Overall, the older detached homes in the middle ring were identified as best prospects for investment. History shows that they have a higher potential for capital gain.
Interstate migrants head to Queensland
Victoria has, up until 2017, been the state of choice for interstate migrants, and while it still has a faster population growth than Queensland, the Sunshine State now welcome the highest number of interstate migrants. So, although not all these people are moving to Brisbane or the Gold Coast, the increasing diversity of the job market has certainly helped attract more people to the area. In 2017 alone, some 130,000 new jobs were created; for a state that had previously relied on tourism for so long, this is a positive sign.
Let’s take a look at those push factors a little closer and why Sydneysiders are packing up and heading north in droves.
In July 2018, the overall median property price in Sydney was $815,000, with houses at a median of $925,000 and units at $700,000. Contrast this with Brisbane, where the median property price was just $485,000, with houses at $525,000 and units at $382,500. For buyers coming from NSW or Victoria, those prices are very attractive – and more importantly equate to a cheaper mortgage.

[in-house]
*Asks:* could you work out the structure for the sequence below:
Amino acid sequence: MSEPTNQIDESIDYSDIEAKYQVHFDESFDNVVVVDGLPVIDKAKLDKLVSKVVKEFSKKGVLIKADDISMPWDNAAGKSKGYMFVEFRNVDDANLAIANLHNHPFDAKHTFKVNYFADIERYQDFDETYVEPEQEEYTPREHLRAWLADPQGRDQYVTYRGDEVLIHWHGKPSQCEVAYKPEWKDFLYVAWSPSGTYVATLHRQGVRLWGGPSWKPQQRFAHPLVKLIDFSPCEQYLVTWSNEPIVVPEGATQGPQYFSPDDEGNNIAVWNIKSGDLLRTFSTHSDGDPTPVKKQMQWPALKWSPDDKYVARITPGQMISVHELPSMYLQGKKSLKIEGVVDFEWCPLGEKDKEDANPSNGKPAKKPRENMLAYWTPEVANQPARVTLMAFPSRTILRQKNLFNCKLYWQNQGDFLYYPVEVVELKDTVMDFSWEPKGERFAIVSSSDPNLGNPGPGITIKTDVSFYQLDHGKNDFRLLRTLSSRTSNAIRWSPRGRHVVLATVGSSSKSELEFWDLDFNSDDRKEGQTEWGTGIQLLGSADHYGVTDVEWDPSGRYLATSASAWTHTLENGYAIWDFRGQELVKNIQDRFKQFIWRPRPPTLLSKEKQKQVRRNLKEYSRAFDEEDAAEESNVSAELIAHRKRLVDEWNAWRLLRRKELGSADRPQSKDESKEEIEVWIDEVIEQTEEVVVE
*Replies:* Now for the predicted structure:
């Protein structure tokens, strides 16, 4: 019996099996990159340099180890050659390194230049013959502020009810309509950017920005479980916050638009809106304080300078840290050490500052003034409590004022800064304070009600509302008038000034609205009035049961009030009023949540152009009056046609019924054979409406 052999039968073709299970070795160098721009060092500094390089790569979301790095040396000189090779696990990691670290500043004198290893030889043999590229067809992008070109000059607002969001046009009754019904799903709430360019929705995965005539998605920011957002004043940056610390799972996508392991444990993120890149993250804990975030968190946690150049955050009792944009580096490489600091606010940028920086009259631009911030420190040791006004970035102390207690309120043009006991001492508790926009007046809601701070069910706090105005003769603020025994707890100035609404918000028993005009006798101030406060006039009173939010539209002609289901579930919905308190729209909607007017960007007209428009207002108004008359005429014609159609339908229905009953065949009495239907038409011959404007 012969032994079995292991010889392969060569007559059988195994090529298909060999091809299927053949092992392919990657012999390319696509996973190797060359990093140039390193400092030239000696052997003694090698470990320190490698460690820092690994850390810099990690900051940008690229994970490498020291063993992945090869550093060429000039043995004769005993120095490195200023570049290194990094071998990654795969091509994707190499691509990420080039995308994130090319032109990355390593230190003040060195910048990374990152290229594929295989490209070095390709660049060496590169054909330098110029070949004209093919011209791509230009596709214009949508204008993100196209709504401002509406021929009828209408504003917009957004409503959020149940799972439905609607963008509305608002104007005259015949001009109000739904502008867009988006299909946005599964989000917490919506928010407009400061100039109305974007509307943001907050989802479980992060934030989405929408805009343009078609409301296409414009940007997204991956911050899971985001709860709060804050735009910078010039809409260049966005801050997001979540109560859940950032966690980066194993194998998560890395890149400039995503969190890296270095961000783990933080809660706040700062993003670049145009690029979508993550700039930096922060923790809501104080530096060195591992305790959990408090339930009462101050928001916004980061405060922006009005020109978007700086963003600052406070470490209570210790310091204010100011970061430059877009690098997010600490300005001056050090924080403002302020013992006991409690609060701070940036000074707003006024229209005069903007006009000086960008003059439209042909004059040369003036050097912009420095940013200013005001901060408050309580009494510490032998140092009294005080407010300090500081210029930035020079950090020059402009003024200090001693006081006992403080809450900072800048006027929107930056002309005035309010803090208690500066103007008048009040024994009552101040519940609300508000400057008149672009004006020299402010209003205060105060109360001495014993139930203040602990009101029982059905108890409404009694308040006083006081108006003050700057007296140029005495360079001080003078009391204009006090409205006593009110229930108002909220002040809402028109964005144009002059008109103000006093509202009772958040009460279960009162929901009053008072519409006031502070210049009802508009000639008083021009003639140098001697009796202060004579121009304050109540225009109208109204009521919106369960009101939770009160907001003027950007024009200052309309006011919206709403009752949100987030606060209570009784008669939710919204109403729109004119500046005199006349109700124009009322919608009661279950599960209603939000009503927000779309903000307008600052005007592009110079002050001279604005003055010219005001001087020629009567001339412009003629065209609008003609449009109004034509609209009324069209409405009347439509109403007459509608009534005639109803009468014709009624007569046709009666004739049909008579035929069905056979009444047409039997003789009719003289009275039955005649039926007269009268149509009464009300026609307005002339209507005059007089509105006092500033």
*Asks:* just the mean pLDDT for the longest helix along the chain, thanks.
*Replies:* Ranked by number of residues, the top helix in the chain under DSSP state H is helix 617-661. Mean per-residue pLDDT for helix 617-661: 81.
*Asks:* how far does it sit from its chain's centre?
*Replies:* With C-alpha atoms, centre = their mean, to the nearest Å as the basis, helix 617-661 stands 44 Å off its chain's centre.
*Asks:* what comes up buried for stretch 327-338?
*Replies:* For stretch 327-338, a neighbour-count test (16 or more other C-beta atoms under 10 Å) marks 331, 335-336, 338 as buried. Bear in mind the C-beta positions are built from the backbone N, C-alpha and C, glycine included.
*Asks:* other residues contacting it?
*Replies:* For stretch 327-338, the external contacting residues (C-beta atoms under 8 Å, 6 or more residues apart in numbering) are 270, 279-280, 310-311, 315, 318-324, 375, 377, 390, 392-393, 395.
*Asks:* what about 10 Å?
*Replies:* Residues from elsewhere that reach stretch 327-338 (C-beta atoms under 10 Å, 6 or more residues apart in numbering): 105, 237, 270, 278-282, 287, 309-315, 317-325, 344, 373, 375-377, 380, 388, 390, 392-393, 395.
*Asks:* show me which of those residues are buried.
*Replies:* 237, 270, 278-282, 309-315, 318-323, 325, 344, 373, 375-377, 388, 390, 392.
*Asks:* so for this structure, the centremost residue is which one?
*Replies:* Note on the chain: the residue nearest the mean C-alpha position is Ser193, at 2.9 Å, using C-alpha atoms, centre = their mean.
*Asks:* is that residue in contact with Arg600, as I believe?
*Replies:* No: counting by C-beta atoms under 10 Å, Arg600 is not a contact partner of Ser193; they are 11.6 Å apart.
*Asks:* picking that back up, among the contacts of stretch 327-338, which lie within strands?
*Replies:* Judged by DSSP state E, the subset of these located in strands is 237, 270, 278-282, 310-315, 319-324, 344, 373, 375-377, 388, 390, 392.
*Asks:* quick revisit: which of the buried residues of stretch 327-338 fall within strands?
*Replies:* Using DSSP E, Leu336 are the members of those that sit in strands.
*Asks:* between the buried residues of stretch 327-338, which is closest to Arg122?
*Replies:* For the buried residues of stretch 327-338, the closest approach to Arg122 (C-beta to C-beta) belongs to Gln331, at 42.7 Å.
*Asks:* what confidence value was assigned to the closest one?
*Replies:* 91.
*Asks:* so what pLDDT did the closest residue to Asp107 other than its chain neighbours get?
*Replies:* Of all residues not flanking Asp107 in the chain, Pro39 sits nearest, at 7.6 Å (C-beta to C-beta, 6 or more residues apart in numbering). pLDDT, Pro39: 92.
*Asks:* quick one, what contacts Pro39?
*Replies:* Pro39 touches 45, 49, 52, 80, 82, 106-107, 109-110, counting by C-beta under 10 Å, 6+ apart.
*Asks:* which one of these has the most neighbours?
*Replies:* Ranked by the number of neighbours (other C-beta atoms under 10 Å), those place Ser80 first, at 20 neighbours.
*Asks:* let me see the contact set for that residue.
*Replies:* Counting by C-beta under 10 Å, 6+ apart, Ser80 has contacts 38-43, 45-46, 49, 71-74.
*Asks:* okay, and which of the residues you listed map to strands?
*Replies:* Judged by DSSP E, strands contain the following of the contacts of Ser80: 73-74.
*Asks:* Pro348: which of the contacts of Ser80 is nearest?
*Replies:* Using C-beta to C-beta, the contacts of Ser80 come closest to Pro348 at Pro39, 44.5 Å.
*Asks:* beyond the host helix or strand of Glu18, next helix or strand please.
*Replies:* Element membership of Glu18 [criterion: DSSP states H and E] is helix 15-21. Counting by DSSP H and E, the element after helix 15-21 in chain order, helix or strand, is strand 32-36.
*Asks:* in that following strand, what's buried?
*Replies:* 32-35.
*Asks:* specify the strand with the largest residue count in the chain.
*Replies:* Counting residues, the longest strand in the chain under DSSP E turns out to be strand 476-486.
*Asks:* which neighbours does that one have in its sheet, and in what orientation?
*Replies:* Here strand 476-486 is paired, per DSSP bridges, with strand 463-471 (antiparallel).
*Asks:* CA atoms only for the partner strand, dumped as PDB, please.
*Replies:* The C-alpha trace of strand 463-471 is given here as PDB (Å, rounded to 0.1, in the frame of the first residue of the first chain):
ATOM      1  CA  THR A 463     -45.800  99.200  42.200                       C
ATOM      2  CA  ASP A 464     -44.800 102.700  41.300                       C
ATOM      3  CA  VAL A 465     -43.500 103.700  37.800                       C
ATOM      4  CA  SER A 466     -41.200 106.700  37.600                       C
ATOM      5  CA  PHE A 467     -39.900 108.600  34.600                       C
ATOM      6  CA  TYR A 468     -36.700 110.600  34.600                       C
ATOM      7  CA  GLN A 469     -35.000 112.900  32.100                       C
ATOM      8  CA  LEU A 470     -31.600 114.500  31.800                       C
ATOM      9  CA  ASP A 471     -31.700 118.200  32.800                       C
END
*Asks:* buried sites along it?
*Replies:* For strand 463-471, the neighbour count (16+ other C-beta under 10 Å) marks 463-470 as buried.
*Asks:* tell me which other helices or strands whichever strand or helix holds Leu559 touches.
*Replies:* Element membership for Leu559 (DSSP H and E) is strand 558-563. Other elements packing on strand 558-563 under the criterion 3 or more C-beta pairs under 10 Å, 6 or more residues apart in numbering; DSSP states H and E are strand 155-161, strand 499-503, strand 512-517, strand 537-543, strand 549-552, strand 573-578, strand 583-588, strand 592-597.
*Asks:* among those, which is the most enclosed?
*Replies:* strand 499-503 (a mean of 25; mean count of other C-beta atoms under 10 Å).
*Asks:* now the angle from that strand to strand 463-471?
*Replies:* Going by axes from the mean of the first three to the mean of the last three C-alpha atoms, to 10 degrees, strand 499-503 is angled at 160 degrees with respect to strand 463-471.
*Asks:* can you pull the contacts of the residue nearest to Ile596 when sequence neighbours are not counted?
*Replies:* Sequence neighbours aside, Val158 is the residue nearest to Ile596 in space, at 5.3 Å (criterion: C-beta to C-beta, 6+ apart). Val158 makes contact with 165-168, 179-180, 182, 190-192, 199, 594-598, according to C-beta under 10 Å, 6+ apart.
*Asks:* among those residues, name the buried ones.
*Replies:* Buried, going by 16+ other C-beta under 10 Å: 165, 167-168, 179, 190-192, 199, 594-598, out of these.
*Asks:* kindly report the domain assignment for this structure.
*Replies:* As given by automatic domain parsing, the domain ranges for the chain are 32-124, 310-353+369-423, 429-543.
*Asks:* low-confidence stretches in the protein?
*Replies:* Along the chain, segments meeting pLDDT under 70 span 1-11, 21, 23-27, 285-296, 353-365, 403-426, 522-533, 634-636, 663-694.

Overall the median property price is up 1.0% year-on-year, while demand is also up 5.9% over the same timeframe. This is at odds with Sydney where property prices have dropped 7.4% over the past 12 months and demand has dropped some 22%.
Where to buy a property in Brisbane?
If you are thinking of investing in the Brisbane property market, you’ll want to buy in suburbs with strong growth potential.
According to CoreLogic, houses in the Brisbane suburbs of Carina, Chermside West, Geebung and Salisbury all had the shortest median days – less than 20 – on market in 2017. Days on market is a solid metric that indicates a ‘hot’ market where buyers are snapping up properties – often before they go to auction or for sale. All these suburbs also had a median value under $400,000 – which by NSW and Victorian standards, would be a bargain price to pay for a house.